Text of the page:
The Meth Project and Teen Meth Use: New Estimates from the National and State Youth Risk Behavior Surveys

Mark Anderson & David Elsea
Health Economics, forthcoming

In this note, we use data from the national and state Youth Risk Behavior Surveys for the period 1999 through 2011 to estimate the relationship between the Meth Project, an anti-methamphetamine advertising campaign, and meth use among high school students. During this period, a total of eight states adopted anti-meth advertising campaigns. After accounting for pre-existing downward trends in meth use, we find little evidence that the campaign curbed meth use in the full sample. We do find, however, some evidence that the Meth Project may have decreased meth use among White high school students.


Effects of State Cigarette Excise Taxes and Smoke-Free Air Policies on State Per Capita Alcohol Consumption in the United States, 1980 to 2009

Melissa Krauss et al.
Alcoholism, forthcoming

Background: Increasing state cigarette excise taxes and strengthening smoke-free air (SFA) laws are known to reduce smoking prevalence. Some studies suggest that such policies may also reduce alcohol use, but results for cigarette taxes have been mixed, and associations with smoke-free air policies have been limited to some demographic subgroups. To shed further light on the potential secondary effects of tobacco control policy, we examined whether increases in cigarette taxes and strengthening of SFA laws were associated with reductions of per capita alcohol consumption and whether any reductions were specific to certain beverage types.

Methods: State per capita alcohol consumption from 1980 to 2009 was modeled as a function of state price per pack of cigarettes and SFA policy scores while controlling for secular trends and salient state covariates. Both policy measures also accounted for local policies. Total alcohol, beer, wine, and spirits consumption per capita were modeled separately. For each type of beverage, we used a nested models approach to determine whether the 2 policies together were associated with reduced consumption.

Results: For total alcohol consumption, and for beer or spirits (but not wine), one or both tobacco policies were associated with reductions in consumption. A 1% increase in cigarette price per pack was associated with a 0.083% decrease in per capita total alcohol consumption (95% confidence interval [CI] 0.0002 to 0.166, p = 0.0495), and a 1-point increase in SFA policy score, measured on a 6-point scale, was associated with a 1.1% decrease in per capita total alcohol consumption (95% CI 0.4 to 1.7, p = 0.001; p < 0.001 for the hypothesis that the 2 policies are jointly associated with reduced alcohol consumption).

Conclusions: The public health benefits of increasing cigarette taxes and smoke-free policies may go beyond the reduction of smoking and extend to alcohol consumption, specifically beer and spirits.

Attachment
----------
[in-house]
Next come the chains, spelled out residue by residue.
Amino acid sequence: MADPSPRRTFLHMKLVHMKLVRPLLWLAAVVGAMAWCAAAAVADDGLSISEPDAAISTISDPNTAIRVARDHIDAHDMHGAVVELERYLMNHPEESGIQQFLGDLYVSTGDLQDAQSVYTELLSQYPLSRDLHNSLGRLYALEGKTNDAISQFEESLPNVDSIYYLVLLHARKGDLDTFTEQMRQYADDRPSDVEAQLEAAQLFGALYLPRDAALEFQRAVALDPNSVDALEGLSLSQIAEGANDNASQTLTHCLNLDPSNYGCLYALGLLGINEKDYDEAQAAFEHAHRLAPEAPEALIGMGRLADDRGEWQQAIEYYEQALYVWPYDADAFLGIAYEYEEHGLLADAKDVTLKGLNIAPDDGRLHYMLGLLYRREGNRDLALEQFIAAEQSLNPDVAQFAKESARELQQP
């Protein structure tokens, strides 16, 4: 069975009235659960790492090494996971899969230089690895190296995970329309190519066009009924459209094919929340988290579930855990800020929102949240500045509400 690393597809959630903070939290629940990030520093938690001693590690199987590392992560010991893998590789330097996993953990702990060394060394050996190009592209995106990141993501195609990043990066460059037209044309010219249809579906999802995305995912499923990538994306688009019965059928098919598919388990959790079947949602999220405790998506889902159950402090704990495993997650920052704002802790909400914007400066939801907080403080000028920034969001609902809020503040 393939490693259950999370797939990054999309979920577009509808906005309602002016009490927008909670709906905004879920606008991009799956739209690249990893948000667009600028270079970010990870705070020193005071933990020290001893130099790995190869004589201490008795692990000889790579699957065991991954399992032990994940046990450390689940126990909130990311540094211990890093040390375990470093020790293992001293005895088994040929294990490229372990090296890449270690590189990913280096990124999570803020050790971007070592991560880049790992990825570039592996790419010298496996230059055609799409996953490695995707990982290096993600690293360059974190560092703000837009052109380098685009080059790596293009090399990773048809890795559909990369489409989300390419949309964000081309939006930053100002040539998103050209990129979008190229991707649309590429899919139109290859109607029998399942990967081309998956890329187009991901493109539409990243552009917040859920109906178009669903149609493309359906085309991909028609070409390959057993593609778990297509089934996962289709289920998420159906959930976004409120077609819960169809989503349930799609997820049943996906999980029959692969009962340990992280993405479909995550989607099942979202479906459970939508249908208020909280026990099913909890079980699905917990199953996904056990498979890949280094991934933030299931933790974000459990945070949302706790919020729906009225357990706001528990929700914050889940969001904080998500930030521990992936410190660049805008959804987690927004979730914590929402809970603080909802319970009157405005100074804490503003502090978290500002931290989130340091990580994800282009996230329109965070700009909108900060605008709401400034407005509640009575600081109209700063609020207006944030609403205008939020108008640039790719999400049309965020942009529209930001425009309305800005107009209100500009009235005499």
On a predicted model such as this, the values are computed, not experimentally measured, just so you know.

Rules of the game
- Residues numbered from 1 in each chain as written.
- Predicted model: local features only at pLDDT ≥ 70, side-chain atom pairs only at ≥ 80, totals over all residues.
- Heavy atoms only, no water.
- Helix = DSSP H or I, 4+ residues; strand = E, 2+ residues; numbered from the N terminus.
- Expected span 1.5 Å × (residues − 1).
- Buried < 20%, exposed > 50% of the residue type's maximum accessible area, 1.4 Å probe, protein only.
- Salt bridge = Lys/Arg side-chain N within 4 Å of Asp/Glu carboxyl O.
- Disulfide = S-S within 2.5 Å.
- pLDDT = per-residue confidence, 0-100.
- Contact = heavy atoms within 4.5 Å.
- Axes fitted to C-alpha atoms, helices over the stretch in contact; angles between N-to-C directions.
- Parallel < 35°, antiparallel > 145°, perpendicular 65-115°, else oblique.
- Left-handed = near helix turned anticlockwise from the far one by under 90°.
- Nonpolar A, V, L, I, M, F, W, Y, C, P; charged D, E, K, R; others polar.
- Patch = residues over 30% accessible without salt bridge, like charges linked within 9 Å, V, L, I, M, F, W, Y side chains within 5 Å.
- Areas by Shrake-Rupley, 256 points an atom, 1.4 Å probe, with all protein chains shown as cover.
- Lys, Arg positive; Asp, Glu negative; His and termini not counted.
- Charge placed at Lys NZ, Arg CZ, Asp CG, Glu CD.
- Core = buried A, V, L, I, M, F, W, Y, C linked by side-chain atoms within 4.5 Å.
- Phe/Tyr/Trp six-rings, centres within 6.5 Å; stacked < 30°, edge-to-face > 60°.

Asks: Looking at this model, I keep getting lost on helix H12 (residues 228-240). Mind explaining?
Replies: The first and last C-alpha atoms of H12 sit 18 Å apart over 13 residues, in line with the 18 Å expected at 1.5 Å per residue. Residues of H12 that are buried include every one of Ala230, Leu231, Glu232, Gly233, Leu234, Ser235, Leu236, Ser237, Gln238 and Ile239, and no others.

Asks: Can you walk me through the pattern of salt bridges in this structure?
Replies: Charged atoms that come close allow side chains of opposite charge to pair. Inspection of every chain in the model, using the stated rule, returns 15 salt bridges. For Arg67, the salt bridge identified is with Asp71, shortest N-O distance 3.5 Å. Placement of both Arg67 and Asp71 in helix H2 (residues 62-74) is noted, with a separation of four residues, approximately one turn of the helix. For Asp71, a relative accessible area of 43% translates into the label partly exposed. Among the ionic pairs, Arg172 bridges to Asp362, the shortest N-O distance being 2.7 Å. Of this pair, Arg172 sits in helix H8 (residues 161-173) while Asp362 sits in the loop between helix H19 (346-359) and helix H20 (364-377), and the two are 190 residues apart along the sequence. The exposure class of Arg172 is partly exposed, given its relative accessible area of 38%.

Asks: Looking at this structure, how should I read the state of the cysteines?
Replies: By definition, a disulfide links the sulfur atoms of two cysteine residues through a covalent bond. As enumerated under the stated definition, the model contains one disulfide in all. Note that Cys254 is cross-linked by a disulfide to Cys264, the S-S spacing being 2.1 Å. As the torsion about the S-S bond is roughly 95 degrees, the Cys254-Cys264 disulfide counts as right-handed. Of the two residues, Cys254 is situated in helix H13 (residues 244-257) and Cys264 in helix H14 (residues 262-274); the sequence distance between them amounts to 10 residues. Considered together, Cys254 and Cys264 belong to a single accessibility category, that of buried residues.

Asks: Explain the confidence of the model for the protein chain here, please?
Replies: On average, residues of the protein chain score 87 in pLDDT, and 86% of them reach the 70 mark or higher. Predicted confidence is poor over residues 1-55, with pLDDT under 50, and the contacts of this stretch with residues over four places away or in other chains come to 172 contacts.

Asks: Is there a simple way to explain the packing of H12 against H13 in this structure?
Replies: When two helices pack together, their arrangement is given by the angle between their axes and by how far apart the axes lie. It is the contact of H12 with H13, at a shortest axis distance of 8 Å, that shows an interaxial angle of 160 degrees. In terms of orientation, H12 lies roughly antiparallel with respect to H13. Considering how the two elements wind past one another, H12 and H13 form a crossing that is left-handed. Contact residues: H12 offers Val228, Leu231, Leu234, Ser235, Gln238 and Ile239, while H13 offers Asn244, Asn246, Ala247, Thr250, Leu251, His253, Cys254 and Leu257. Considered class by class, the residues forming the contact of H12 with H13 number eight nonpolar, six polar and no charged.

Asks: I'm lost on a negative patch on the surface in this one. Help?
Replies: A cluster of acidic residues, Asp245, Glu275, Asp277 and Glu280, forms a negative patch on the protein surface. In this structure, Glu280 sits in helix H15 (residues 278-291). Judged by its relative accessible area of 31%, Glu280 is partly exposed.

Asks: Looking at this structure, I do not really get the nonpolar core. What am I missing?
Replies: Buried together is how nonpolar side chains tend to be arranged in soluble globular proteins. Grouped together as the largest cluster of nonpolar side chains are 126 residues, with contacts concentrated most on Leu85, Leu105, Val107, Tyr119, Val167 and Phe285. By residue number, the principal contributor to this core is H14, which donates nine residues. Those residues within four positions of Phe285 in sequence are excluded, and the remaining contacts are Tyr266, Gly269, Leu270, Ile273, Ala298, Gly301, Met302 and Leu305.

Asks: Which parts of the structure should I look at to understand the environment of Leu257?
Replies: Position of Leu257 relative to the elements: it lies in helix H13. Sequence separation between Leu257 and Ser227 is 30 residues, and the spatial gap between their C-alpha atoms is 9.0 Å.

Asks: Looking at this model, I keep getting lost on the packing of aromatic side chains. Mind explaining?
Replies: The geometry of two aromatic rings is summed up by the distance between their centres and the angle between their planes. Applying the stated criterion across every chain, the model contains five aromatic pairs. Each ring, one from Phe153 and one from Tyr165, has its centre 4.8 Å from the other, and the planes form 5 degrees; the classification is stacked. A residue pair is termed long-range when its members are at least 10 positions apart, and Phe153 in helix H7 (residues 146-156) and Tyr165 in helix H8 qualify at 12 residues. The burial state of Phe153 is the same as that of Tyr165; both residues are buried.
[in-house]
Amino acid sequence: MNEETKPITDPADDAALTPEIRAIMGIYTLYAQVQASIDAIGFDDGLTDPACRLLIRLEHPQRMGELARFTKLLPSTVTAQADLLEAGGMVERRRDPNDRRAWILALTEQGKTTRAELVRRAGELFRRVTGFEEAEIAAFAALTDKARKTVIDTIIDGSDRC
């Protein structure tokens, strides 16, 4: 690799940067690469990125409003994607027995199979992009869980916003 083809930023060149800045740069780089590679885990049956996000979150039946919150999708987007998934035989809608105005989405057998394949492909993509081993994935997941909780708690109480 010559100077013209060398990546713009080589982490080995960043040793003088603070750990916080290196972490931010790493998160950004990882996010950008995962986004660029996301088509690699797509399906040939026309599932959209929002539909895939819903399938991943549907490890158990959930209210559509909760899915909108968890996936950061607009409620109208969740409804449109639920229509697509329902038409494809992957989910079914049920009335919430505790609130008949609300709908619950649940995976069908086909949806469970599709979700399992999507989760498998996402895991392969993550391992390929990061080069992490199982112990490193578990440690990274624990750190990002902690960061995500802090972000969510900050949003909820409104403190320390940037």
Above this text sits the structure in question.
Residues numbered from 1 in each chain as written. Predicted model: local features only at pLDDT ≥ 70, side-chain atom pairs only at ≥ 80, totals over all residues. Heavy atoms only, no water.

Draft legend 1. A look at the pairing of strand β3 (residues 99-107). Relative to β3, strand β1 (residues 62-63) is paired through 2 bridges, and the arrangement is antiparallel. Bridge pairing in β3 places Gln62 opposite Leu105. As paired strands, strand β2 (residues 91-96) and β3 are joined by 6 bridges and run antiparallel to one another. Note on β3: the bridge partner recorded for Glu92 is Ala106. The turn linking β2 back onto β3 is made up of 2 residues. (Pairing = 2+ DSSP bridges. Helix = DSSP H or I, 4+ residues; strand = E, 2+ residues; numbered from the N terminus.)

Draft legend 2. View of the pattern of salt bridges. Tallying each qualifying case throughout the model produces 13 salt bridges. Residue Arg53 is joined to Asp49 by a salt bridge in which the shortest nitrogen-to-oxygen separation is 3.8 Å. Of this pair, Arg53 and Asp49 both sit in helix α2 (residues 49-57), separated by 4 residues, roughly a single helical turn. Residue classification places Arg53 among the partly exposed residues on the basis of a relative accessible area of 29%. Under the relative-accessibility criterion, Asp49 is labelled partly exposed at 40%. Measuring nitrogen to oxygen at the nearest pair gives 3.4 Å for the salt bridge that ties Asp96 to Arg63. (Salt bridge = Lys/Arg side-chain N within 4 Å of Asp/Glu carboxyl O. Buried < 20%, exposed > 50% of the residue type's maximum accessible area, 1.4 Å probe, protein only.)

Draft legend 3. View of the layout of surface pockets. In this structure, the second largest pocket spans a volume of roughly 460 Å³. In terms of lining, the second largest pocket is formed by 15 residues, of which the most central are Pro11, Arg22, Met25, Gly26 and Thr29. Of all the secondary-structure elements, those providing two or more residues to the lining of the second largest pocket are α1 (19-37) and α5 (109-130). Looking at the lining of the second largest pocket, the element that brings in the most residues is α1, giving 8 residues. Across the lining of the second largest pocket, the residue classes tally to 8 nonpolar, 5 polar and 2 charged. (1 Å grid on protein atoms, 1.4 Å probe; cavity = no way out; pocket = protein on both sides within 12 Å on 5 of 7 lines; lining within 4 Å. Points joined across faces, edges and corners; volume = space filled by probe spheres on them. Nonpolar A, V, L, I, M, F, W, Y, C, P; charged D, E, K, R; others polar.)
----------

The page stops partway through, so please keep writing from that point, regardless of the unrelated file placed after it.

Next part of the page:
Variation among states in prescribing of opioid pain relievers and benzodiazepines — United States, 2012

Leonard Paulozzi, Karin Mack & Jason Hockenberry
Journal of Safety Research, forthcoming

Introduction: Overprescribing of opioid pain relievers (OPR) can result in multiple adverse health outcomes, including fatal overdoses. Interstate variation in rates of prescribing OPR and other prescription drugs prone to abuse, such as benzodiazepines, might indicate areas where prescribing patterns need further evaluation.

Methods: CDC analyzed a commercial database (IMS Health) to assess the potential for improved prescribing of OPR and other drugs. CDC calculated state rates and measures of variation for OPR, long-acting/extended-release (LA/ER) OPR, high-dose OPR, and benzodiazepines.

Results: In 2012, prescribers wrote 82.5 OPR and 37.6 benzodiazepine prescriptions per 100 persons in the United States. State rates varied 2.7-fold for OPR and 3.7-fold for benzodiazepines. For both OPR and benzodiazepines, rates were higher in the South census region, and three Southern states were two or more standard deviations above the mean. Rates for LA/ER and high-dose OPR were highest in the Northeast. Rates varied 22-fold for one type of OPR, oxymorphone.

Conclusions: Factors accounting for the regional variation are unknown. Such wide variations are unlikely to be attributable to underlying differences in the health status of the population. High rates indicate the need to identify prescribing practices that might not appropriately balance pain relief and patient safety.


Correlation between Cocaine Prices and Purity with Trends in Emergency Department Visits in a Major Metropolitan Area

He Zhu et al.
Journal of Urban Health, October 2014, Pages 1009-1018